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Understorey thinning and burning trials are needed in conservation reserves: The case of Tuart (Eucalyptus gomphocephala D.C.)

Authors

  • Robert D. Archibald,

  • Jack Bradshaw,

  • Barbara J. Bowen,

  • Dugald C. Close,

  • Lachie McCaw,

  • Paul L. Drake,

  • Giles E. St. J. Hardy


  • This opinion article has arisen from studies into Tuart decline that have been funded by the Australian Research Council. The work is being continued under the Western Australian Centre of Excellence for Climate Change, Woodland and Forest Health.

Robert Archibald is a Post-Doctoral Research Fellow, School of Biological Sciences and Biotechnology, Murdoch University (South Street, Murdoch, WA 6150, Australia; Email: r.archibald@murdoch.edu.au). Jack Bradshaw is a Forest Consultant (60 Pritchard Street, Manjimup, WA 6258, Australia; Email: jbrad@karriweb.com.au). Barbara Bowen is a Lecturer in the School of Biological Sciences and Biotechnology, Murdoch University (Murdoch, WA, Australia; Email: b.bowen@murdoch.edu.au). Dugald Close is Centre Leader for Perennial Horticulture, Tasmanian Institute of Agricultural Research, University of Tasmania (Hobart, Tas. 7000, Australia; Email: Dugald.Close@utas.edu.au). Lachie McCaw is a Principal Research Scientist, Department of Environment and Conservation (Brain Street, Manjimup, WA 6258, Australia; Email: lachie.mccaw@dec.wa.gov.au). Paul Drake is a Senior Research Scientist, Natural Resources Branch, Department of Environment and Conservation (Locked Bag 104, Bentley Delivery Centre, Bentley, WA 6984, Australia; Email: paul.drake@dec.wa.gov.au). Giles Hardy is a Professor in the School of Biological Sciences and Biotechnology, Murdoch University, and Director of both the Western Australian Centre of Excellence for Climate Change, Woodland and Forest Health and the Centre for Phytophthora Science and Management, Murdoch University (Murdoch, WA, Australia; Tel: +61 8 9360 6272; Fax: +61 8 9360 6303; Email: g.hardy@murdoch.edu.au).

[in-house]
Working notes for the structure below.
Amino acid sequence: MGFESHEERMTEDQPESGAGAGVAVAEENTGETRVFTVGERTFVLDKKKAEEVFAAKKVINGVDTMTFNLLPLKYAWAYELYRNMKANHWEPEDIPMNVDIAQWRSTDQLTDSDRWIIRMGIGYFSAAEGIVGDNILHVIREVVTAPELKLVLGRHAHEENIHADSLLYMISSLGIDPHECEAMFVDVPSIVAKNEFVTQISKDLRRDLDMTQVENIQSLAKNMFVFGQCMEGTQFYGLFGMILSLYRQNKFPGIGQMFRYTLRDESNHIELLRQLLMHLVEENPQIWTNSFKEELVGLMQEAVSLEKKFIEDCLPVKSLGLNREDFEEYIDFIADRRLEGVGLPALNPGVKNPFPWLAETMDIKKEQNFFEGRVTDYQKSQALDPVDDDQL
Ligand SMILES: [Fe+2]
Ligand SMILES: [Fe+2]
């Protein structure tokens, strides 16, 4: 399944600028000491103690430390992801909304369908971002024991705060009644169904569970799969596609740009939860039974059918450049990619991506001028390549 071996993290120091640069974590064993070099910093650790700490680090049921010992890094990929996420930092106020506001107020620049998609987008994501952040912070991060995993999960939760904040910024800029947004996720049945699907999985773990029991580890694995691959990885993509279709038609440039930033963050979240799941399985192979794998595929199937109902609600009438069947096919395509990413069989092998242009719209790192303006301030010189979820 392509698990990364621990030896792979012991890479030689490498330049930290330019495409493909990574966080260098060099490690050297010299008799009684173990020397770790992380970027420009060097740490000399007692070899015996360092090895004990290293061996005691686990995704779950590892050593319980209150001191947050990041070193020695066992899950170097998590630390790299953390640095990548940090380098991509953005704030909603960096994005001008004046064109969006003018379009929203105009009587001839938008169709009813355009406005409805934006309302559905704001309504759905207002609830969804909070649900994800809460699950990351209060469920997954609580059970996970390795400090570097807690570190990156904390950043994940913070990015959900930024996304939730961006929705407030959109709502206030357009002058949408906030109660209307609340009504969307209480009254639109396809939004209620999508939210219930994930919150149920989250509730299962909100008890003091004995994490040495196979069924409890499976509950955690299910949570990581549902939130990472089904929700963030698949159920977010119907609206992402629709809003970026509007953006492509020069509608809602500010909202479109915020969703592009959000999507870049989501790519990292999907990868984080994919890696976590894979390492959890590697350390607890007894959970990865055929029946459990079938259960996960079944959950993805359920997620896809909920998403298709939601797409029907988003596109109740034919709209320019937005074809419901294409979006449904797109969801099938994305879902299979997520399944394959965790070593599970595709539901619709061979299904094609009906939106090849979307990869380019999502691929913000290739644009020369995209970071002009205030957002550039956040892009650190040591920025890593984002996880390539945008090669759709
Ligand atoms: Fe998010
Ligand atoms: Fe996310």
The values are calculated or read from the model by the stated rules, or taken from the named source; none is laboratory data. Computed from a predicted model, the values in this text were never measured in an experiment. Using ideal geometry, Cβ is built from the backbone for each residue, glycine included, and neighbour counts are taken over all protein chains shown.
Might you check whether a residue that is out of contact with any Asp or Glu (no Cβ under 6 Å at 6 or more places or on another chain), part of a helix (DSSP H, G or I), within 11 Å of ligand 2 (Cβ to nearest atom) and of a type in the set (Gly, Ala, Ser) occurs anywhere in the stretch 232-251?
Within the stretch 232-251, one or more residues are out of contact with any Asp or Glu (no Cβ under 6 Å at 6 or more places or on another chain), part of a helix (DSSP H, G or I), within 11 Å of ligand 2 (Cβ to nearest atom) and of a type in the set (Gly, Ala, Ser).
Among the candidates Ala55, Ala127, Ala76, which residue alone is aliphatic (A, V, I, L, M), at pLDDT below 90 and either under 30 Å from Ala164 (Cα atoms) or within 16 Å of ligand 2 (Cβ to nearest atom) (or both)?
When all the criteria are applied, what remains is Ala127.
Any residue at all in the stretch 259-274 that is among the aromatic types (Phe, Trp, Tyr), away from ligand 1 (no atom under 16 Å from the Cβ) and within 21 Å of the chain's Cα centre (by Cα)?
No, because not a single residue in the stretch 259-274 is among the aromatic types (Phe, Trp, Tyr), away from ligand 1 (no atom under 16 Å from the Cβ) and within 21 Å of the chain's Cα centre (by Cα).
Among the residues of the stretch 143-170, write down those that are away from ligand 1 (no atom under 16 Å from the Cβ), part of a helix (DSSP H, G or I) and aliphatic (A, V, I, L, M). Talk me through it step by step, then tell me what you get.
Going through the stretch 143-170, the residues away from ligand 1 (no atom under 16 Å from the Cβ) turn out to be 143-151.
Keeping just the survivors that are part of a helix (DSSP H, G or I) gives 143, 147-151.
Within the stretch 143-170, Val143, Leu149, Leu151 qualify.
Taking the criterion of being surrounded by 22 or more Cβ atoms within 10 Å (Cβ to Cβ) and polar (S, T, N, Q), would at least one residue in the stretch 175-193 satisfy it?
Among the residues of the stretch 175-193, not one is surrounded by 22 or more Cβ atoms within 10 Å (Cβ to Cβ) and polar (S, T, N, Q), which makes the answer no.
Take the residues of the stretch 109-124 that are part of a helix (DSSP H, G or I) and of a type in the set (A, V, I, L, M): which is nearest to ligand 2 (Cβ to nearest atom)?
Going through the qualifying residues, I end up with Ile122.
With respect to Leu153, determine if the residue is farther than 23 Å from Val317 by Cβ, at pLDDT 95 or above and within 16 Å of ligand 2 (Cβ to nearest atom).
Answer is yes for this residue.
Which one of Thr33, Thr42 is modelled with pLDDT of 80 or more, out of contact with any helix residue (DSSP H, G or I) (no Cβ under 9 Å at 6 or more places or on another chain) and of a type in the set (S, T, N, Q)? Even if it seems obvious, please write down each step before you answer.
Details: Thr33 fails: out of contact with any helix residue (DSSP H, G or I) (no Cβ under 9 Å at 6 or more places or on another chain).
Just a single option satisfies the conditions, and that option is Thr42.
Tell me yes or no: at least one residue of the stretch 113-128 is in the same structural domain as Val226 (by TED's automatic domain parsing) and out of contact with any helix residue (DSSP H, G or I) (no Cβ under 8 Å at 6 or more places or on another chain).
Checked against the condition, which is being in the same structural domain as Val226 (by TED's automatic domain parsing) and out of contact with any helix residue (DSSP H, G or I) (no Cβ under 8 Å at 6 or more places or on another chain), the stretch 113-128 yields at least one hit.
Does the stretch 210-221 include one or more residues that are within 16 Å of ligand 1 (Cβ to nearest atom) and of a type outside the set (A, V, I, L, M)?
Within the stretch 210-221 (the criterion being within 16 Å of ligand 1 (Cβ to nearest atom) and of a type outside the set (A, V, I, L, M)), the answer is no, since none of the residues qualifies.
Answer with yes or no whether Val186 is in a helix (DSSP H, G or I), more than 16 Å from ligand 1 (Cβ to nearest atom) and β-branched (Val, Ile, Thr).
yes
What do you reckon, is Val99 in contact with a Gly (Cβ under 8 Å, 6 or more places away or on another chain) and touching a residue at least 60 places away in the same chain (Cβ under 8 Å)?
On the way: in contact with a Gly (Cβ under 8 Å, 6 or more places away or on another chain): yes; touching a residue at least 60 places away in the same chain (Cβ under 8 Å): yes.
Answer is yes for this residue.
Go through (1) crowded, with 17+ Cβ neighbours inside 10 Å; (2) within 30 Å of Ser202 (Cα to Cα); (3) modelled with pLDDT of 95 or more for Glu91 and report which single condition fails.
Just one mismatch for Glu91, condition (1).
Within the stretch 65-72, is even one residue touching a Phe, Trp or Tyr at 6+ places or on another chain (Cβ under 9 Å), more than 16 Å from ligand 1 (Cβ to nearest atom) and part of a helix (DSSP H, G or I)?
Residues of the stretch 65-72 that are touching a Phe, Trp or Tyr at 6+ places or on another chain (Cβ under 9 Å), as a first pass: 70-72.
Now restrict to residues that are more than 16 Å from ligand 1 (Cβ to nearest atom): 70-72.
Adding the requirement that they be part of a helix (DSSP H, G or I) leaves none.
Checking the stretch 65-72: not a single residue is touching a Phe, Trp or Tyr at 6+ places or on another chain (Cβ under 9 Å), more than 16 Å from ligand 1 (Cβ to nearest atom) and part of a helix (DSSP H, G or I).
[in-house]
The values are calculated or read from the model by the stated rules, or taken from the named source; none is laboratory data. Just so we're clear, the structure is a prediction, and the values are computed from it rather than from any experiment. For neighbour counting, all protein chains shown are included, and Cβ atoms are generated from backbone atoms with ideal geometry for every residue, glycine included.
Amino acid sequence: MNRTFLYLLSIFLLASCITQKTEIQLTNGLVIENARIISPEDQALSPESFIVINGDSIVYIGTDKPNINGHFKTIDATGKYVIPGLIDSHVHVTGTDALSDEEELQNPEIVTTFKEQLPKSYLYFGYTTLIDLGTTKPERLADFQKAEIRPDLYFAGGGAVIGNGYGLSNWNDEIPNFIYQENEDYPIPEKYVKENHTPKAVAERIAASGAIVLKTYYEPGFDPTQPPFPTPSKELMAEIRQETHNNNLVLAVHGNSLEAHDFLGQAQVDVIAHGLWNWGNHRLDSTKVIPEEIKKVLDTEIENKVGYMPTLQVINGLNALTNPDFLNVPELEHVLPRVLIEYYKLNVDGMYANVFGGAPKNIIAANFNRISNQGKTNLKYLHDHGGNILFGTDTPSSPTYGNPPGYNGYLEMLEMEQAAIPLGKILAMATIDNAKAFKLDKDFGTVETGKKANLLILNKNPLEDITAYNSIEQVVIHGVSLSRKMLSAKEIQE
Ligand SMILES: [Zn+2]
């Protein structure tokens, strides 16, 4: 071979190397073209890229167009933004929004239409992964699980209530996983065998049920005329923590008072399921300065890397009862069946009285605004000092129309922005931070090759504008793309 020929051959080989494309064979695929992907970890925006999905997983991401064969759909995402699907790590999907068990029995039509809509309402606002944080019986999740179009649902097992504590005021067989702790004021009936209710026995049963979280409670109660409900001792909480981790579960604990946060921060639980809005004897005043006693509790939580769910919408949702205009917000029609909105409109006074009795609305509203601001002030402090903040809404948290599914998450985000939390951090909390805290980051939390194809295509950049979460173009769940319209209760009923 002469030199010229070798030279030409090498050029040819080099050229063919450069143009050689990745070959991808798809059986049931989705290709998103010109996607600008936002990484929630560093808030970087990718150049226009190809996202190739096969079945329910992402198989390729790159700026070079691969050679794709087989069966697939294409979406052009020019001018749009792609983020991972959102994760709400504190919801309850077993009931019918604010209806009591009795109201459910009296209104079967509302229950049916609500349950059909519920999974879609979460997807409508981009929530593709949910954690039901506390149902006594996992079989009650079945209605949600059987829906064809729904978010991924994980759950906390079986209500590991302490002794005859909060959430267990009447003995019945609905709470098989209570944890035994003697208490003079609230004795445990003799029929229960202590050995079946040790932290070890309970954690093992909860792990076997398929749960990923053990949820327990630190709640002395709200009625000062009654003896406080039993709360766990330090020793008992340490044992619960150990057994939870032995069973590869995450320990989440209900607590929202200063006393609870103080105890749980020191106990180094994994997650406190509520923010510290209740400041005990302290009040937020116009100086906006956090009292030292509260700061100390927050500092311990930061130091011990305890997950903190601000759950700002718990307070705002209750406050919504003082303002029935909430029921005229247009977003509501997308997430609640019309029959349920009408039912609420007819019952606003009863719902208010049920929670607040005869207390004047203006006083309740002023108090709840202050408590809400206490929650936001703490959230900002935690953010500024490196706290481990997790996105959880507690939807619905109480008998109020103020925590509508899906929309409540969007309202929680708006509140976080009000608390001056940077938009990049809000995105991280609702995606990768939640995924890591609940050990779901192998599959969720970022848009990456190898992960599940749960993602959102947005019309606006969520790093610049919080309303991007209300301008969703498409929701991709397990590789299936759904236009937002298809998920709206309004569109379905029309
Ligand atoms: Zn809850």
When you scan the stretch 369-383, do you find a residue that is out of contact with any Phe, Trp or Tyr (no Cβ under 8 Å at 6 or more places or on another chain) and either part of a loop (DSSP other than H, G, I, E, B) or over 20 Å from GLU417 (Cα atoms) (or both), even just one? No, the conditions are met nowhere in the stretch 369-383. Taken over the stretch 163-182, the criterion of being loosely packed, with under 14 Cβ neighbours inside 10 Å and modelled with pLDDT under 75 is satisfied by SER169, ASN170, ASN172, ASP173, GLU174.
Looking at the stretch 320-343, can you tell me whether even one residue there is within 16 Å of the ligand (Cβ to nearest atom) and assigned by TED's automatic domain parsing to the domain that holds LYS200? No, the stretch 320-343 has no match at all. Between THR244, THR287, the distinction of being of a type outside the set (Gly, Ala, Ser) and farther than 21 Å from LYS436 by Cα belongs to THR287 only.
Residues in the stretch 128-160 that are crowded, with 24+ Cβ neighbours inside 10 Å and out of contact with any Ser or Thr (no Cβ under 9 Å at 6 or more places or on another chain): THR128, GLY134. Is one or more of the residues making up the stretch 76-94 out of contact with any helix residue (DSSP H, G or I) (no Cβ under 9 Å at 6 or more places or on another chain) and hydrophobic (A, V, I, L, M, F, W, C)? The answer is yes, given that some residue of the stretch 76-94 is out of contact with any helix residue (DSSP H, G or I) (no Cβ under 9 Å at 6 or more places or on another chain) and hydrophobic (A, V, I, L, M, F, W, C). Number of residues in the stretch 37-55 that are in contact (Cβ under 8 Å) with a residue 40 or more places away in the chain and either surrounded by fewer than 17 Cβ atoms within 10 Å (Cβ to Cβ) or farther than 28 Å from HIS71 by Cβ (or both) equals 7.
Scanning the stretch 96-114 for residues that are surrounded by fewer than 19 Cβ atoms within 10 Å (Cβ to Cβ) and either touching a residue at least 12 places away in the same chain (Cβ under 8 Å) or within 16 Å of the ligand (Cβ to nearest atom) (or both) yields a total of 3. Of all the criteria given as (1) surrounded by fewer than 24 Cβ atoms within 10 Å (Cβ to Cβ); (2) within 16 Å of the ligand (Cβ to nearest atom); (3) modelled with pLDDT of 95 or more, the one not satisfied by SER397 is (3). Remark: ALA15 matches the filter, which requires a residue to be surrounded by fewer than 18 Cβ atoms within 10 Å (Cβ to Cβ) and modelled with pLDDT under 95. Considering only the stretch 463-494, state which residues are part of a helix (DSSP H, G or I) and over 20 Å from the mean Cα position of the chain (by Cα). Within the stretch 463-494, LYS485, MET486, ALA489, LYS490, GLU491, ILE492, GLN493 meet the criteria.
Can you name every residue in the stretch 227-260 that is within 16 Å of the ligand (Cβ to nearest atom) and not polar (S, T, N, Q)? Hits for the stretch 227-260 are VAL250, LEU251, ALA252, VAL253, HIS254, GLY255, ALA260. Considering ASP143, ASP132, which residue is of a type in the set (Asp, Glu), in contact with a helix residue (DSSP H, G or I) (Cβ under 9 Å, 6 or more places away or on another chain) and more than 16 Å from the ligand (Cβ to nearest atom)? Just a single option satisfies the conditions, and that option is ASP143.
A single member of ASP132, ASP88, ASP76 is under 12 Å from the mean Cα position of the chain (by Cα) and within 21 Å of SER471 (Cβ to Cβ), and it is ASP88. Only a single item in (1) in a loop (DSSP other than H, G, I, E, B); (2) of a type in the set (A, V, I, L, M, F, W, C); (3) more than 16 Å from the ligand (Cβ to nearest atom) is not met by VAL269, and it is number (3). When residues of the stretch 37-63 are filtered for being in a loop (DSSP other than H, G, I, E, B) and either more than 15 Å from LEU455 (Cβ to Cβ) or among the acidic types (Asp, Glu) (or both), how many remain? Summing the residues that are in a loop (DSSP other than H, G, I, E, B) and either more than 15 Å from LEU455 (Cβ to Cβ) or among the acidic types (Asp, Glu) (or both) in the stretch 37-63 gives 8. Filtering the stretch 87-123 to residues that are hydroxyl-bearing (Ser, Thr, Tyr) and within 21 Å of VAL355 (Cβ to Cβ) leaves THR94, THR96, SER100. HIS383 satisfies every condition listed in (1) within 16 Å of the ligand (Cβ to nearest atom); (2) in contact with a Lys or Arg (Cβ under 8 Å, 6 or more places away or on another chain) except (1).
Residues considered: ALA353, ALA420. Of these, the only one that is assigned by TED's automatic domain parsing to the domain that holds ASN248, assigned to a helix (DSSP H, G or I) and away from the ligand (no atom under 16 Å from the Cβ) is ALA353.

Abstract

Summary  Management interventions are needed to reverse the decline of Tuart (Eucalyptus gomphocephala) woodland in the Yalgorup area of south-west Western Australia where the largest intact remaining example of this ecosystem is located. Although the cause of the decline is uncertain and several factors may be involved, management action should not be withheld because the decline process is not fully understood. We contend that the reduction in fire frequency over the last 50 years has led to an increase in understorey density, particularly of Western Australian Peppermint (Agonis flexuosa), resulting in greater competition for resources, which may in turn have increased the susceptibility of healthy woodland to decline. In contrast to Tuart regeneration, which is usually tied to fire, Western Australian Peppermint can establish readily in unburnt woodland. Further, once Western Australian Peppermint seedlings develop to the lignotuberous stage, they can resprout vigorously after fire. Therefore, a combination of fire and the physical removal of understorey in sites where this species has formed extensive thickets is required to: (i) provide an opportunity for regeneration of Tuart in both healthy and declining stands; (ii) improve the chances of sustained recovery of Tuart trees in declining stands; and (iii) ensure heterogeneity in the vegetation at multiple scales, a recognized strategy for conserving biodiversity and increasing ecosystem resilience. We propose that this approach may also be relevant to other tree decline syndromes in southern Australia. However, fostering community support for active intervention using thinning and fire in conservation reserves and staging the operations within an experimental framework will be important for such action to gain both the social and scientific acceptance necessary for it to be applied widely.

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